Home » Manifesta: art in the face of hostility in Kosovo

Manifesta: art in the face of hostility in Kosovo

On the final day of my brief stay in Pristina, the capital city of the Republic of Kosovo, some fellow travellers urged me to check out an arts festival called Manifesta. This nomadic biennial, founded by Dutch art historian Hedwig Fijen, is known for setting up shop in locations where the political climate is anything but stable. In 2006, for instance, Manifesta was supposed to come to Cyprus, but plans fell through following a disagreement between the island’s Greek and Turkish inhabitants. And in 2014, the festival arrived at Saint Petersburg, Russia, just months after Vladimir Putin moved his soldiers into Crimea and signed a law banning gay ‘propaganda’.

Pristina makes for an equally tumultuous backdrop. Preparations for Manifesta were well underway when Putin – unsatisfied with his previous annexation –
launched an invasion that’s threatening not just Ukraine but all of Eastern Europe. Kosovo’s already weak economy has grown even weaker, while its age-old enemy, the Kremlin-backed and Kremlin-backing government of Serbia, is being emboldened by nationalist fantasies of its own. Emulating Russia, Serbia didn’t recognise Kosovo as a sovereign nation when it declared itself one in 2008, and continues to deny its independence to this day. 

Kosovo’s tragic past and uncertain future add weight to Manifesta’s art exhibits. Donjetë Murati, a programming coordinator, says that one of the goals of the festival is to ‘challenge dominant narratives and inspire alternatives to a world where violence and war take place’. Take, for example, ‘Ring the Bells my land’ – a futuristic, post-apocalyptic installation by the Prizren-based artist Doruntina Kastrati located inside Pristina’s dilapidated Grand Hotel. Here, visitors are encouraged not only to observe the installation, but to walk on top of it, further pulverising heaps of red brick that are meant to represent the surface of a colonised Mars. The message is subtle yet obvious: the creation of art – like the recording of history – ought to be a collaborative process. This is hammered home more clearly at another building occupied by Manifesta: the Centre for Narrative Practice. Inside this quaint little townhouse, tucked away between office buildings and kebab shops, various objects recount a collective history of Kosovo. Family photographs, knickknacks and a box of discontinued Soviet cereal, paint a picture of the past that’s more trustworthy – as well as objective – than any individual historian (or politician) could ever produce.

Constructed during the 1930s, the Centre for Narrative Practice was once used as a municipal library before falling into disrepair and, ultimately, disuse. Thanks to Manifesta, however, the city of Pristina has been able to raise the funds necessary to renovate the townhouse and its private garden, which now doubles as an outdoor workspace, with music and food trucks. Murati tells me that the renewed centre contains a reference library, a children’s library, historical archives, a podcast studio and a screening space – facilities, she says, that will remain available to local residents long after Manifesta has left the country.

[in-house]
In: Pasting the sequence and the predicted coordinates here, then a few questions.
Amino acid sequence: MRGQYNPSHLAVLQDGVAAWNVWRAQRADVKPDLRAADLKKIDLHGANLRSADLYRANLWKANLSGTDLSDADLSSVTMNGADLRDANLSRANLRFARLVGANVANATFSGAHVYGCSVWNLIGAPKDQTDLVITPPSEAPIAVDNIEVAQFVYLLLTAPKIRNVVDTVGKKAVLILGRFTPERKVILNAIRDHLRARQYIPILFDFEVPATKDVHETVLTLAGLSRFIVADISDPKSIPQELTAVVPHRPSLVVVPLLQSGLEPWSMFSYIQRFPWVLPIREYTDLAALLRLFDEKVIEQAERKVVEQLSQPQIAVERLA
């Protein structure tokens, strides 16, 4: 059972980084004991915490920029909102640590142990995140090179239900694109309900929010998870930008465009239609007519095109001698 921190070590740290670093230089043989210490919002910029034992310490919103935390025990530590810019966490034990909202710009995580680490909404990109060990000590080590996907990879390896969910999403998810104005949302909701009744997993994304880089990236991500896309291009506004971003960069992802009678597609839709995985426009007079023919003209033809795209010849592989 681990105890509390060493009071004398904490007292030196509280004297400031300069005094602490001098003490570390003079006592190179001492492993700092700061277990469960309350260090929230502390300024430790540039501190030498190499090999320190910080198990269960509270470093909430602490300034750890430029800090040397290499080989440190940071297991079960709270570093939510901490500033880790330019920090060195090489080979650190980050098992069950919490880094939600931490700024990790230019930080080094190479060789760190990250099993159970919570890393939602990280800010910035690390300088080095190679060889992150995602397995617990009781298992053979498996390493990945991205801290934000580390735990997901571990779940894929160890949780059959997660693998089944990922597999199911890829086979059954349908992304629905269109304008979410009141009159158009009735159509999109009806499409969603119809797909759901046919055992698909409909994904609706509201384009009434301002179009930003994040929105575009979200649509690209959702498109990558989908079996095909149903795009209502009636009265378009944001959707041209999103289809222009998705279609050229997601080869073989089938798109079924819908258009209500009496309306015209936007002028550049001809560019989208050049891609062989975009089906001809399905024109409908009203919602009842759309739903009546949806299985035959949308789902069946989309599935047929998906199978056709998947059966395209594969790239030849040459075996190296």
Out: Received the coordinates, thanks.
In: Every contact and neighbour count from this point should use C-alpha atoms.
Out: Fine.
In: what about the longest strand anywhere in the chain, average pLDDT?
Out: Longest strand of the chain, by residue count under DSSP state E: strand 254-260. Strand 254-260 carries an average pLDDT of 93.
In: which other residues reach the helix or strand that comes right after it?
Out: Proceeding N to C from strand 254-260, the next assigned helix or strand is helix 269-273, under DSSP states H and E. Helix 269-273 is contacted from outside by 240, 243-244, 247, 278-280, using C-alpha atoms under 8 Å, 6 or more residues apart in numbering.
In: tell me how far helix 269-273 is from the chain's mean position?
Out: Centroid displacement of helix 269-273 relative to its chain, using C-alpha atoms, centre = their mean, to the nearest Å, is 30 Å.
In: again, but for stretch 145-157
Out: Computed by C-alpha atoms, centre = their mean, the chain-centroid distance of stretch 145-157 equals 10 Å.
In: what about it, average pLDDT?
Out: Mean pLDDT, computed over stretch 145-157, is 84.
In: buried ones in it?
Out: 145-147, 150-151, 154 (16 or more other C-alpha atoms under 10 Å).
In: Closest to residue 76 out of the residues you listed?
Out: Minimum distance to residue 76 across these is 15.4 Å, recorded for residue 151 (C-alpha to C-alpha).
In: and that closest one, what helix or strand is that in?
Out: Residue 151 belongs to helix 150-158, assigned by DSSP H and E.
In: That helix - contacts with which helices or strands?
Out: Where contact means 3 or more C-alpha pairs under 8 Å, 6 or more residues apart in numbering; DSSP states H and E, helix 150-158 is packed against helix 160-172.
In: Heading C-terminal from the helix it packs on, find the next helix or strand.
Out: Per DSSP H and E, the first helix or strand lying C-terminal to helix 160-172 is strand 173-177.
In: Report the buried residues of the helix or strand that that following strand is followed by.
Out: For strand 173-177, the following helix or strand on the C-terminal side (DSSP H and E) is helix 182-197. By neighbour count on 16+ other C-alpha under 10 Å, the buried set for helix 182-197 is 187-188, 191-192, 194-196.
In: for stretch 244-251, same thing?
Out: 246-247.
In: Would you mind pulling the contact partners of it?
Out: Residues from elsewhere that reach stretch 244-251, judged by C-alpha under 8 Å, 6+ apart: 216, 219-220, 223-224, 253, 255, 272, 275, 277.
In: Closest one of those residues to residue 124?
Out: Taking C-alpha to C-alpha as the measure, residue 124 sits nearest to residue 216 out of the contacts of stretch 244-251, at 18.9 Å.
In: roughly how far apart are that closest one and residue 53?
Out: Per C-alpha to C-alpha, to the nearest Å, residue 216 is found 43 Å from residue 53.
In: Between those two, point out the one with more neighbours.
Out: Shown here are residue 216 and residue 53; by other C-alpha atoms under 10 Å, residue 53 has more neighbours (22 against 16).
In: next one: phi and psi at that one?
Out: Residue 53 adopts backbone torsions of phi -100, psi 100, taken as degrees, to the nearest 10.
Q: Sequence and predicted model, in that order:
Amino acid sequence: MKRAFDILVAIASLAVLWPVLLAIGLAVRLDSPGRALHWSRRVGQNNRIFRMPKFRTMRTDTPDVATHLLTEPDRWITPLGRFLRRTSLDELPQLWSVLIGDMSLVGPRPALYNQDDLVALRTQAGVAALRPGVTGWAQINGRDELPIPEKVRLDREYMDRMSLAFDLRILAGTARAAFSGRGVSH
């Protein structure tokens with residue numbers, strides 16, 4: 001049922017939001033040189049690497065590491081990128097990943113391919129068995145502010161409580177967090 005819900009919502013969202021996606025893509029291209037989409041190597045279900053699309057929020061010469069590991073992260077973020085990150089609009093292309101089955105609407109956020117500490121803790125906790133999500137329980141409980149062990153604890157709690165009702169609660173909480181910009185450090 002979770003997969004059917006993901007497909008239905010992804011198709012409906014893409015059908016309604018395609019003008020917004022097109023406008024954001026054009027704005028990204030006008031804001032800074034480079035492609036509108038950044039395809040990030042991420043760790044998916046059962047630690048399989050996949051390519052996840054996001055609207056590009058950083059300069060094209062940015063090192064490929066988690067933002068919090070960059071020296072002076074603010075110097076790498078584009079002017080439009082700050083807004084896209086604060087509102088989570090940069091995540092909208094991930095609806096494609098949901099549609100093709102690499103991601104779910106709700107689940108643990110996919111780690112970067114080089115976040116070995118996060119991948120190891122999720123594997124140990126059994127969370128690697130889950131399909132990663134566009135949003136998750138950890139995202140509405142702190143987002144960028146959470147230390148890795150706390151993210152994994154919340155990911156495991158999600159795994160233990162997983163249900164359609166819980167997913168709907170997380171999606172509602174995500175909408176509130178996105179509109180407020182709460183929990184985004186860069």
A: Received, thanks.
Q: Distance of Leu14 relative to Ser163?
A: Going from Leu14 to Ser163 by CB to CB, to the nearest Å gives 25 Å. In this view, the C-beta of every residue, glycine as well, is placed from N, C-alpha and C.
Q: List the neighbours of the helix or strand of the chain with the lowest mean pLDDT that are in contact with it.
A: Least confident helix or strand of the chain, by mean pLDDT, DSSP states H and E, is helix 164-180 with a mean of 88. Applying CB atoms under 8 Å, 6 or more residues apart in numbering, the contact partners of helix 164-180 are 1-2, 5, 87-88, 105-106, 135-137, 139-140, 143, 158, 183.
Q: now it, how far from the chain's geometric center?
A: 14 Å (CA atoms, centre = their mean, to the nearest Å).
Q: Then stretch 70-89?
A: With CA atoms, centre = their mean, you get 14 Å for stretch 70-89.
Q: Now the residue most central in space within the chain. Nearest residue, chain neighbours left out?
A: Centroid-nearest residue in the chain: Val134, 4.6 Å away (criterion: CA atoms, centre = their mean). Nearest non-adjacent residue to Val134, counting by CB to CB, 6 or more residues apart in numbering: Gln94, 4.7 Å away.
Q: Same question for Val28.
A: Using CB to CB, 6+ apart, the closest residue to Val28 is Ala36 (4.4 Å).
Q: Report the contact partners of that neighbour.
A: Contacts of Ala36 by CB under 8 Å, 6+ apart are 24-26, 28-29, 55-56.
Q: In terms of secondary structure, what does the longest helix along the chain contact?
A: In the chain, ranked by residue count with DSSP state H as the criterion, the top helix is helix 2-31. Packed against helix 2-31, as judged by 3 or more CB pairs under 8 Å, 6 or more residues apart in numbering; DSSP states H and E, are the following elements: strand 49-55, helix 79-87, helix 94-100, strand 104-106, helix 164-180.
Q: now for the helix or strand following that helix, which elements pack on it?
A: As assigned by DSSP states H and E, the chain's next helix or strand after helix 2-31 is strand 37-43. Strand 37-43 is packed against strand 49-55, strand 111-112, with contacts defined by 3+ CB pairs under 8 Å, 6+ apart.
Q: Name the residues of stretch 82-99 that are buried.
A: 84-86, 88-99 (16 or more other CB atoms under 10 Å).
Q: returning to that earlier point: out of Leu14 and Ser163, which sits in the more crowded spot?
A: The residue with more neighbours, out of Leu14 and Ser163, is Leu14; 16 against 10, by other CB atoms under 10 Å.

A purple statue sits against blue sky in Kosovo
The Monument to Heroes of the National Liberation Movement in Pristina was built under the rule of Josip Broz Tito, former president of Yugoslavia, in 1961. As part of the Manifesta arts festival, Swiss artist Ugo Rondinone temporarily transformed the grey monument into a brightly coloured one. Image: Manifesta 14 

The Centre for Narrative Practice is but one of many abandoned buildings in Pristina that Manifesta is helping to restore. In the Dutch newspaper NRC Handelsblad, photographer Atdhe Mulla has published pictures of students (paid a decent salary according to one of them) painting the outside of an old factory that, prior to the festival, was used as an unregulated garbage dump. Pristina’s Grand Hotel, built on the orders of Yugoslav dictator Josip Tito to accommodate ambassadors and other diplomats, businessmen and other guests of distinction, is also resuming its role as a hub for high culture in Kosovo. 

For readers in the USA and Western Europe, where urban environments are regenerated all the time, initiatives such as these may not sound particularly noteworthy, yet they acquire special significance when viewed from the perspective of Balkan history. That history has been described in all its sad detail by Peter Lippman, a Seattle-based carpenter turned journalist and human rights advocate, and the author of Surviving the Peace: The Struggle for Postwar Recovery in Bosnia-Herzegovina. Lipmann spent years campaigning in Bosnia and Kosovo – countries where people, and public spaces, suffered heavily under Serbian repression. 

BUKU Music + Art Project Festival 2…

Although the enmity between Serbians and Kosovo’s ethnic-Albanian population goes back centuries, Lippman believes that the present conflict began during the 1980s, when Serbian president Slobodan Milošević revoked the autonomy that Kosovo had gained under Tito and his immediate successors. In Pristina, professors who refused to teach Serbian curricula were fired on the spot. Kicked out of their own institutions, they taught classes in basements and backrooms. In an article for the Seattle Times, Lippman recalls attending an advanced-English course inside an empty, unheated store where students used boxes as chairs and tables. 

Source : Geographical